Middle East

The forgotten mental patients on Syria's front line

A Syrian patient sits in a bed at Dar Al-Ajaza psychiatric hospital in the heart of the Old City of Aleppo, on December 18, 2012. AFP PHOTO / STR

ALEPPO, Syria: A psychiatric hospital on the front line in Syria's war-ravaged second city of Aleppo, home to some 60 patients, has suffered from chronic shortages since fighting first broke out in July.

"They've had no medication for months, and it gets worse each day. There's no light, no heating, not even running water -- and the patients have hardly anything to eat," said nurse Abu Abdo, who helps to run Dar al-Ajaza hospital.

"If residents of the area hadn't given them food they would have died of starvation ages ago," he added.

During the summer, Aleppo became the focus of the battle between the army and rebels opposing President Bashar al-Assad, in a conflict that the Syrian Observatory for Human Rights says has killed more than 44,000 people.

"Most staff stopped coming to work when the battle for Aleppo began, abandoning their patients. I've been working here for five years: this is my family, and I couldn't leave them and let them die of cold and hunger," Abu Abdo said.

"I fight for them each day."

He offered a cigarette to Omar Sattut, an elderly patient dressed in military fatigues, who believed himself to be an army officer and said he wanted to go and fight against Israel.

Abu Abdo then introduced the youngest patient, Mohammed Matar, bare-footed and wearing a polo shirt, teeth chattering from the cold.

"Eight patients have died in the last few months," Abu Abdo said. "We try to look after them as best we can. It's a wonder they're still alive."

He and two other staff still come to the asylum every day, despite no longer receiving their salaries.

The imposing hospital, built in Aleppo's once bustling historic old town, contains around 30 rooms overlooking the splendid mediaeval city centre.

It has been hit by artillery fire from Assad's army since the uprising to bring down the regime, initially a peaceful protest movement in March 2011, descended rapidly into civil war.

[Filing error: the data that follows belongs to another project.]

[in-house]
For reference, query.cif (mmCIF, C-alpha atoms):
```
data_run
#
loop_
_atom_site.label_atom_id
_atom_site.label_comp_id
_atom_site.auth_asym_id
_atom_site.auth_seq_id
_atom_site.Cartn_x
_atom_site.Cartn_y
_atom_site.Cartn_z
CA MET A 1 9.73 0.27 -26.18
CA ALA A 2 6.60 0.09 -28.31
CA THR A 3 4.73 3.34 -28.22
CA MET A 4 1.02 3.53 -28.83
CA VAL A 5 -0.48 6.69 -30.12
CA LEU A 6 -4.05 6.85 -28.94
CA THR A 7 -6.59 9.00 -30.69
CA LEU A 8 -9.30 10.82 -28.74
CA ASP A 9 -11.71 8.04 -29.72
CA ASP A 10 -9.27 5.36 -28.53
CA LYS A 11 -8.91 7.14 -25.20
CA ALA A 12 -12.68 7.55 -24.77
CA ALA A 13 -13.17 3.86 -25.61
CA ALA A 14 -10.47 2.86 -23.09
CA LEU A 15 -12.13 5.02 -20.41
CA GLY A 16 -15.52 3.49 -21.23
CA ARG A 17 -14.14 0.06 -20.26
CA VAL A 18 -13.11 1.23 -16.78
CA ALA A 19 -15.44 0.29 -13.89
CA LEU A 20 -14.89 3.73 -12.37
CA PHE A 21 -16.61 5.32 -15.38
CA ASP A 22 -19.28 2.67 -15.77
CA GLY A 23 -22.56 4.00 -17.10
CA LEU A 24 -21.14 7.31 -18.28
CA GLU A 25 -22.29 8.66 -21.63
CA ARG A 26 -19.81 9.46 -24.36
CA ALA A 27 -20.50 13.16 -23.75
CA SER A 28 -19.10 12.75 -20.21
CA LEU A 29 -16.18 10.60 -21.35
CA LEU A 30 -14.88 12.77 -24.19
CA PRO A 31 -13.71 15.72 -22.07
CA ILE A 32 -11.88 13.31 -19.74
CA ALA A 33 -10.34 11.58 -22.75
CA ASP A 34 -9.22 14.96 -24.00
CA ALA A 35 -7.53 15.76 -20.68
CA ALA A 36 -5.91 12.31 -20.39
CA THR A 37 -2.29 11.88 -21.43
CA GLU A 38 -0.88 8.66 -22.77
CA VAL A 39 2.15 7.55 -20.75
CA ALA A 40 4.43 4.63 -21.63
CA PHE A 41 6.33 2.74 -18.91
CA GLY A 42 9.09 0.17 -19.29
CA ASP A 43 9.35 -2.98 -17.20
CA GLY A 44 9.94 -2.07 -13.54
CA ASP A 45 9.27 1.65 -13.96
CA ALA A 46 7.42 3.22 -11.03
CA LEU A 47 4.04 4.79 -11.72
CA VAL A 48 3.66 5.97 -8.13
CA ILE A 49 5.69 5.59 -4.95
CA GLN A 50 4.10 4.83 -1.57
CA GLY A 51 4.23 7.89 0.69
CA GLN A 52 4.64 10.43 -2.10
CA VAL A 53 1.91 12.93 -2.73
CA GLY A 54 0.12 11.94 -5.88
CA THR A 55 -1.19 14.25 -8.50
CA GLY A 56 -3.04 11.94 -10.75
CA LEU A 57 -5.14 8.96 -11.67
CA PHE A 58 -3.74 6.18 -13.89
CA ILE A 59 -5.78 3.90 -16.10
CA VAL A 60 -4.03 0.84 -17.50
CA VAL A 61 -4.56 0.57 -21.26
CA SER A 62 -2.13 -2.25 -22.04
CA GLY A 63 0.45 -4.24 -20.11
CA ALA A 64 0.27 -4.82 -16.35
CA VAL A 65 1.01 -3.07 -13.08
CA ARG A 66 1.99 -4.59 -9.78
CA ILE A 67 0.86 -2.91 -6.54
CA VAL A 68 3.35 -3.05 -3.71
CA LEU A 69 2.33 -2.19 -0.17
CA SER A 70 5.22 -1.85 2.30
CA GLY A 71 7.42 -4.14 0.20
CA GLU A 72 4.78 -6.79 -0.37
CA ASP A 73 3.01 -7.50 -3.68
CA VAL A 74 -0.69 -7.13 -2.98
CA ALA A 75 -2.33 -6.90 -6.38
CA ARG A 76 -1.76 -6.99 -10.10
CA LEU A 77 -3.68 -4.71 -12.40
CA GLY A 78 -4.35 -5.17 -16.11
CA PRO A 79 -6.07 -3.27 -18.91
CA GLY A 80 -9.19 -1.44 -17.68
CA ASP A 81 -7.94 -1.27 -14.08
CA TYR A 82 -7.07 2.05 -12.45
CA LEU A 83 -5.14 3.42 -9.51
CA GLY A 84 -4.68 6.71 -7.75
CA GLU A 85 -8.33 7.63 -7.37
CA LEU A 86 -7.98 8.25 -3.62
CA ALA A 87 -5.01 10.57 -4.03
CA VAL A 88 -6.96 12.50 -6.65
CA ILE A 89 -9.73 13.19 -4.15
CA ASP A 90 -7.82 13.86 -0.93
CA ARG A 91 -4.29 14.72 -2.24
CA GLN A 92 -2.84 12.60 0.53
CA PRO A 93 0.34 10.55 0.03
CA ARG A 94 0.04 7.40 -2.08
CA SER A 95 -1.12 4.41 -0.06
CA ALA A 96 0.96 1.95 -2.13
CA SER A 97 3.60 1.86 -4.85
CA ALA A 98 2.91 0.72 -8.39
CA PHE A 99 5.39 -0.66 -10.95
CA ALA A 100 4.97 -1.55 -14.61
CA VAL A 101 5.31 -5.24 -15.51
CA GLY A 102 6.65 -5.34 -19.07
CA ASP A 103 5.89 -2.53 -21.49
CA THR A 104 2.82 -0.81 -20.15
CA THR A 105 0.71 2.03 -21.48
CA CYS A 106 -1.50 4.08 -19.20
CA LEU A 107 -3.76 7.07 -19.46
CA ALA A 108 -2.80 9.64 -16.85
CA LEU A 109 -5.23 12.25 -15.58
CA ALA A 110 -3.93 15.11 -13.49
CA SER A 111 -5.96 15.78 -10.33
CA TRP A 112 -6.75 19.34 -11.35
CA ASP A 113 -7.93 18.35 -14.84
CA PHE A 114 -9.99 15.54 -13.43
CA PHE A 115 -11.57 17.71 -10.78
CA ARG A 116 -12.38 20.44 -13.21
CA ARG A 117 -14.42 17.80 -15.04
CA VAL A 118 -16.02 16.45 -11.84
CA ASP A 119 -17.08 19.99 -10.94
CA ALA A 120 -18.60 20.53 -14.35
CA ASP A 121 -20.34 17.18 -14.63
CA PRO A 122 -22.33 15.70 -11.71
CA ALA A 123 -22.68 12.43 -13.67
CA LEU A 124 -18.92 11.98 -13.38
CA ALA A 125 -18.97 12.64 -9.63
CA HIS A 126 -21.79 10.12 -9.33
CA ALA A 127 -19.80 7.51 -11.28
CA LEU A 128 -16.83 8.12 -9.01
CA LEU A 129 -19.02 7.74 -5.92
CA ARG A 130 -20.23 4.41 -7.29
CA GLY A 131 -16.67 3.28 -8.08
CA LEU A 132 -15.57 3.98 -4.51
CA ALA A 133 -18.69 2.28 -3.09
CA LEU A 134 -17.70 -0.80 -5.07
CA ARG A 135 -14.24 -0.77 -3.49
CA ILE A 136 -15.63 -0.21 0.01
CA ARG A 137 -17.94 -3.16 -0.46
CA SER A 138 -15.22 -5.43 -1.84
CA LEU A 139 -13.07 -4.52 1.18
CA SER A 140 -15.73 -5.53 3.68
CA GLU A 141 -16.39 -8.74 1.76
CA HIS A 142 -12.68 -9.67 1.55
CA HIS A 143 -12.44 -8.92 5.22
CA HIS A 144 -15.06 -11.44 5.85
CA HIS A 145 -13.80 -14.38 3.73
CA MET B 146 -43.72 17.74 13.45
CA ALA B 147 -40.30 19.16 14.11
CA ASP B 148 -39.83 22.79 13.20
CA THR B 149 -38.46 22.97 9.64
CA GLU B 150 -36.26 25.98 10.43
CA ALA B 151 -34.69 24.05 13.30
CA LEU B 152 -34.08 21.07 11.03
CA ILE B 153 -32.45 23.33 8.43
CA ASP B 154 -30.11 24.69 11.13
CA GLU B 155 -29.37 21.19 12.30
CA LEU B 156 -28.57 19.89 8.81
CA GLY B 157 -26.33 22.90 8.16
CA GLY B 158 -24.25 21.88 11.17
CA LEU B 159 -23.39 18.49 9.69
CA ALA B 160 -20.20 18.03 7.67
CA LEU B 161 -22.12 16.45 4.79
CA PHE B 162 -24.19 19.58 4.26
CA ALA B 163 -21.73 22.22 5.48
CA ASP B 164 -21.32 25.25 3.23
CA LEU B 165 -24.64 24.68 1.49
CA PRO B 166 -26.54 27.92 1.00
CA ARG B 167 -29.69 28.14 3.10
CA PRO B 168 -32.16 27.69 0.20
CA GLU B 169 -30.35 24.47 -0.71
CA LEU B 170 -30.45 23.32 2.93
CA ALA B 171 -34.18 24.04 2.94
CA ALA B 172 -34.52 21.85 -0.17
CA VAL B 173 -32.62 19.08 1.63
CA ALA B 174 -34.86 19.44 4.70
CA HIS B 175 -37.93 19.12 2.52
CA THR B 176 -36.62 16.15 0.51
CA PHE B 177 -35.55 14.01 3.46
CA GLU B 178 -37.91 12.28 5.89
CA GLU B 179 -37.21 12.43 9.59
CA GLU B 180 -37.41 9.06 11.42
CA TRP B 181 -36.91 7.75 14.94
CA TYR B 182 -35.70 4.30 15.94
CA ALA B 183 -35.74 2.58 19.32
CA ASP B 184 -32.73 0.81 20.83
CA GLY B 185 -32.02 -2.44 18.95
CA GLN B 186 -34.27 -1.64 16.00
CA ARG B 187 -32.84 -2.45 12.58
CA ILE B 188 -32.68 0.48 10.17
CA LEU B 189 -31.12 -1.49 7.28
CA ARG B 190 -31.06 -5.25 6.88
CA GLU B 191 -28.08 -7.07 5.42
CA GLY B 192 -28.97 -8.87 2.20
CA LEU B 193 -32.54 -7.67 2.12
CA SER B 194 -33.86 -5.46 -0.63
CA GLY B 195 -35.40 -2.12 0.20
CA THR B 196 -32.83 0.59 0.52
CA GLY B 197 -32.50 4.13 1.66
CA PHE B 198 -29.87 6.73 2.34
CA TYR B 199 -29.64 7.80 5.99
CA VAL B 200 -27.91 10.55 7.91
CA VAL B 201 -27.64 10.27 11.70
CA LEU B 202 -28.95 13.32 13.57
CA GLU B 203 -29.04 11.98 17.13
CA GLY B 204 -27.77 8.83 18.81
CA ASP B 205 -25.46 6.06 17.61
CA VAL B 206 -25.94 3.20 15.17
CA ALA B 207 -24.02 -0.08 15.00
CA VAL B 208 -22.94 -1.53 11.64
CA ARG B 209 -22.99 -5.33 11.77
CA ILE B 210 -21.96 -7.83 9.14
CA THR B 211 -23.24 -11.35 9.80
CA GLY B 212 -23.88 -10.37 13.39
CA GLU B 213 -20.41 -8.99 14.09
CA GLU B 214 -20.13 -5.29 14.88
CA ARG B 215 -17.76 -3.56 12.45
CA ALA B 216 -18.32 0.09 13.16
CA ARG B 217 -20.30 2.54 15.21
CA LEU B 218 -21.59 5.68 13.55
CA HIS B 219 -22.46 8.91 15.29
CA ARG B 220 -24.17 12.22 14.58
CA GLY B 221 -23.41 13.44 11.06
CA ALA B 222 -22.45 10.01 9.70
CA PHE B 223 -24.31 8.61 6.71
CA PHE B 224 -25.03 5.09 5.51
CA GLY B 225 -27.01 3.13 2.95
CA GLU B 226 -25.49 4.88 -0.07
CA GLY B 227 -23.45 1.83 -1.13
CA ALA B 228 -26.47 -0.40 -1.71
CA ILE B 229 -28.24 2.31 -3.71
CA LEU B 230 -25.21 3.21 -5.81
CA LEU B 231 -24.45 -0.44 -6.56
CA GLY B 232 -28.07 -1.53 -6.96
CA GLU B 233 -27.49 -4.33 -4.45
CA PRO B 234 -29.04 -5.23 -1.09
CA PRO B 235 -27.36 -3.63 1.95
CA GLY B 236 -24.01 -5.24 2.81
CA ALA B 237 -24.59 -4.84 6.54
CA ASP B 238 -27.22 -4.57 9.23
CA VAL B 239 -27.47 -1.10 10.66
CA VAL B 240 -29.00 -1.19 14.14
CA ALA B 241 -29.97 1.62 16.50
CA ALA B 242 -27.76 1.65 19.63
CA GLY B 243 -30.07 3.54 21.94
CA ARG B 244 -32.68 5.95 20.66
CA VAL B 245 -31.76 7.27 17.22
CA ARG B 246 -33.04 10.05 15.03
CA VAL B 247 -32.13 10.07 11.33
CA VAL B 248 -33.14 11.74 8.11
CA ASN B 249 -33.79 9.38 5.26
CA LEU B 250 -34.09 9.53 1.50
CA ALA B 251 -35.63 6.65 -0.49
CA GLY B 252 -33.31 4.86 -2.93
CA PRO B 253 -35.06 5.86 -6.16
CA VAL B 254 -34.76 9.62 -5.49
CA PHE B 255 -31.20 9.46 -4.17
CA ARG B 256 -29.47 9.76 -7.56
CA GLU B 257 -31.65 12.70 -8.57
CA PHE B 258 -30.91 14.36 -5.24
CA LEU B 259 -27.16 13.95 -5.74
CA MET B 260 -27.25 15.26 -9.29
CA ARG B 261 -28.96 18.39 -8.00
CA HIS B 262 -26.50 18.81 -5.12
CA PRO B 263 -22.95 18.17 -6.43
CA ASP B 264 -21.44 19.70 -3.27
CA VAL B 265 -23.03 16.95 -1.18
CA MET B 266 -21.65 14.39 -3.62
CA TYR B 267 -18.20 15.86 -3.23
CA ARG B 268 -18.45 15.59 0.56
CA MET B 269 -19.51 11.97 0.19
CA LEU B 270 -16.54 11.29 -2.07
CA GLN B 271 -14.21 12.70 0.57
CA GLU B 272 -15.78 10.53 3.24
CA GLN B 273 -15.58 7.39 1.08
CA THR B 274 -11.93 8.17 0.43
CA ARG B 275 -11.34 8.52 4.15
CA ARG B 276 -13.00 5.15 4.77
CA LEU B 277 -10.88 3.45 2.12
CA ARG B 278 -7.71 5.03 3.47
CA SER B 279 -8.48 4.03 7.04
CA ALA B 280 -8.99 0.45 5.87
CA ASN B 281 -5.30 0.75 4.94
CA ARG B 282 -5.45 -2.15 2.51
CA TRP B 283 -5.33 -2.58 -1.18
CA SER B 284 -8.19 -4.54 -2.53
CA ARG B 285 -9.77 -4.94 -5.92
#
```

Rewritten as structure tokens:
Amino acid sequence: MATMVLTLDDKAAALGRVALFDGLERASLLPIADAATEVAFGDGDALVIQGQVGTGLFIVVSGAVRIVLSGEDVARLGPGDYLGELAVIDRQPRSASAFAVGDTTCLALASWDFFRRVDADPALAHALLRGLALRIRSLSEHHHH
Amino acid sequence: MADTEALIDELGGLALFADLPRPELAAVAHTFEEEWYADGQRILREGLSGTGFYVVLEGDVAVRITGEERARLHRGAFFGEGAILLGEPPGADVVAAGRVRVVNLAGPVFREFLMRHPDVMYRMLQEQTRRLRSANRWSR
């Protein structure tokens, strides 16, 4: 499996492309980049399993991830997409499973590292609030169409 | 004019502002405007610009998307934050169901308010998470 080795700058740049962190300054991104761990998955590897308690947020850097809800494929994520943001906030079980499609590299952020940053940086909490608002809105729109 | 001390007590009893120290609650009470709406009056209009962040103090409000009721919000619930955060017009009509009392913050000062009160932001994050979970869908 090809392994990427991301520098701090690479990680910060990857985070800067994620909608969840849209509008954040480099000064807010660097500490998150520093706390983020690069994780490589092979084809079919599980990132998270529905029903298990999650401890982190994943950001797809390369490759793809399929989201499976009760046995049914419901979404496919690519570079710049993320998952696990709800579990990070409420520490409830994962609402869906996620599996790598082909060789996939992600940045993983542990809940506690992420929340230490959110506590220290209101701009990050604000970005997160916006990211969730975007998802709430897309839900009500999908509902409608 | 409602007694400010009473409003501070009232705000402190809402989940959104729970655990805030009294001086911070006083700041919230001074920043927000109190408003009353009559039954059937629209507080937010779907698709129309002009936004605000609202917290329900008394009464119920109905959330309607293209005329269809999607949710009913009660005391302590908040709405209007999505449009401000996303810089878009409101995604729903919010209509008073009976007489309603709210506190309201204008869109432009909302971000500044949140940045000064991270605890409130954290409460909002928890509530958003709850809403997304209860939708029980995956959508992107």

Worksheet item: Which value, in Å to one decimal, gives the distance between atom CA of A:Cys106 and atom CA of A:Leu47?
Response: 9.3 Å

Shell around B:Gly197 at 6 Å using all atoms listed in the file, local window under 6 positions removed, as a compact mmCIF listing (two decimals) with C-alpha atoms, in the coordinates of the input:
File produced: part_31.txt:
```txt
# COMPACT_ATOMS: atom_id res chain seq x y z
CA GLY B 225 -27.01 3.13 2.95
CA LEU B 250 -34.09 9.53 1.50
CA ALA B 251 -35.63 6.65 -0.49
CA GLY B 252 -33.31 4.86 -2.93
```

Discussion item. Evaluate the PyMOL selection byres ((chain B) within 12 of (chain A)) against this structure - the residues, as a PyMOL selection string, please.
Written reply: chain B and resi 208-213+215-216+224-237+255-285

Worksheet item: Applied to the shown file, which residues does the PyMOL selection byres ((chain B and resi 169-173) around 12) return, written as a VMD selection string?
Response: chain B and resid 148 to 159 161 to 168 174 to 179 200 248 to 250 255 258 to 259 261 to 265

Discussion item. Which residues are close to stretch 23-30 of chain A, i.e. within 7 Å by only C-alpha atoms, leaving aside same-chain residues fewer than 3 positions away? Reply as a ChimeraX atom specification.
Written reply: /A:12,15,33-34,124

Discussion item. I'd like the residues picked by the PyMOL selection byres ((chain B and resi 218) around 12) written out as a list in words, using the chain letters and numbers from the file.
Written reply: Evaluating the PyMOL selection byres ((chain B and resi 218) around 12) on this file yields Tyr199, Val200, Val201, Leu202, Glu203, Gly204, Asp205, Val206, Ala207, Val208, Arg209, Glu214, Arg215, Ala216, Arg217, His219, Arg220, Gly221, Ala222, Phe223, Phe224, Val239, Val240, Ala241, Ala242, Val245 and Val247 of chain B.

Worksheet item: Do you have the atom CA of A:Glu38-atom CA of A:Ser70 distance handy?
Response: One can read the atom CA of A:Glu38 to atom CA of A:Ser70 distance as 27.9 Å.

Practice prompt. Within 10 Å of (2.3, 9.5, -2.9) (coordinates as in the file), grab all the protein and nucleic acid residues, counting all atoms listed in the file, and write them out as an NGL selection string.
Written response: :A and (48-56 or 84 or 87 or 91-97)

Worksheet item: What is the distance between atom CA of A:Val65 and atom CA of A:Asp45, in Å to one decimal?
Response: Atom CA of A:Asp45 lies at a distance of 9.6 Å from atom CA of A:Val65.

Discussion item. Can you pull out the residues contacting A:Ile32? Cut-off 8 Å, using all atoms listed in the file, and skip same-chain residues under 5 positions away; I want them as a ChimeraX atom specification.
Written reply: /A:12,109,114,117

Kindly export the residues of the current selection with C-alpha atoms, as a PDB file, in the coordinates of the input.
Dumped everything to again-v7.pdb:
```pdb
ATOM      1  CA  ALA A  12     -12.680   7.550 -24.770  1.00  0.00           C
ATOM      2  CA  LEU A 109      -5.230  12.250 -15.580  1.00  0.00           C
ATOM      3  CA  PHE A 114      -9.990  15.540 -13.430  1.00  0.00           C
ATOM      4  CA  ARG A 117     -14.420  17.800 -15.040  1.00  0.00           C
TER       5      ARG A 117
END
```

"When the bombs hit, we put all the patients in the same room to try and calm them down," said Abu Abdo, pointing to a massive shell hole in the wall.

He said that medical staff are now too afraid to come because of the bombardments. Even the hospital's director only passes by at most two or three times a week.

Patient Walid Assiad ambled in the courtyard, walking without shoes in puddles of ice-cold water. In one bedroom, Matar huddled up under a thin blanket, shivering against the biting cold.

"The worst of winter is yet to come," said Abu Abdo. "When there's snow and ice it'll be terrible. I'm scared that many of them won't survive. Without heating they'll die of cold."

Dar al-Ajaza does not exclusively house mentally disabled patients -- there are also elderly people who have lost all their family, and people suffering from physical disabilities.

The worst part of the hospital is the second building, where those not allowed to be left alone are housed.

A room bolted with a padlock, measuring about 10 square metres (110 square feet), contained the 12 most mentally disturbed patients, all prone to violent behaviour.

The patients shared three yellowed mattresses, and the stench of urine, vomit and faeces was nauseating.

One patient, able only to move his head and arms, lay under a soiled blanket, covered in cuts and bruises.

"We wash them every day, since most of them aren't able to go to the toilet by themselves," said Abu Abdo.

Without any medication, "there's nothing we can do for them when they have violent outbursts, apart from locking them in a room until they stop lashing out," he said, bolting the door again behind him.





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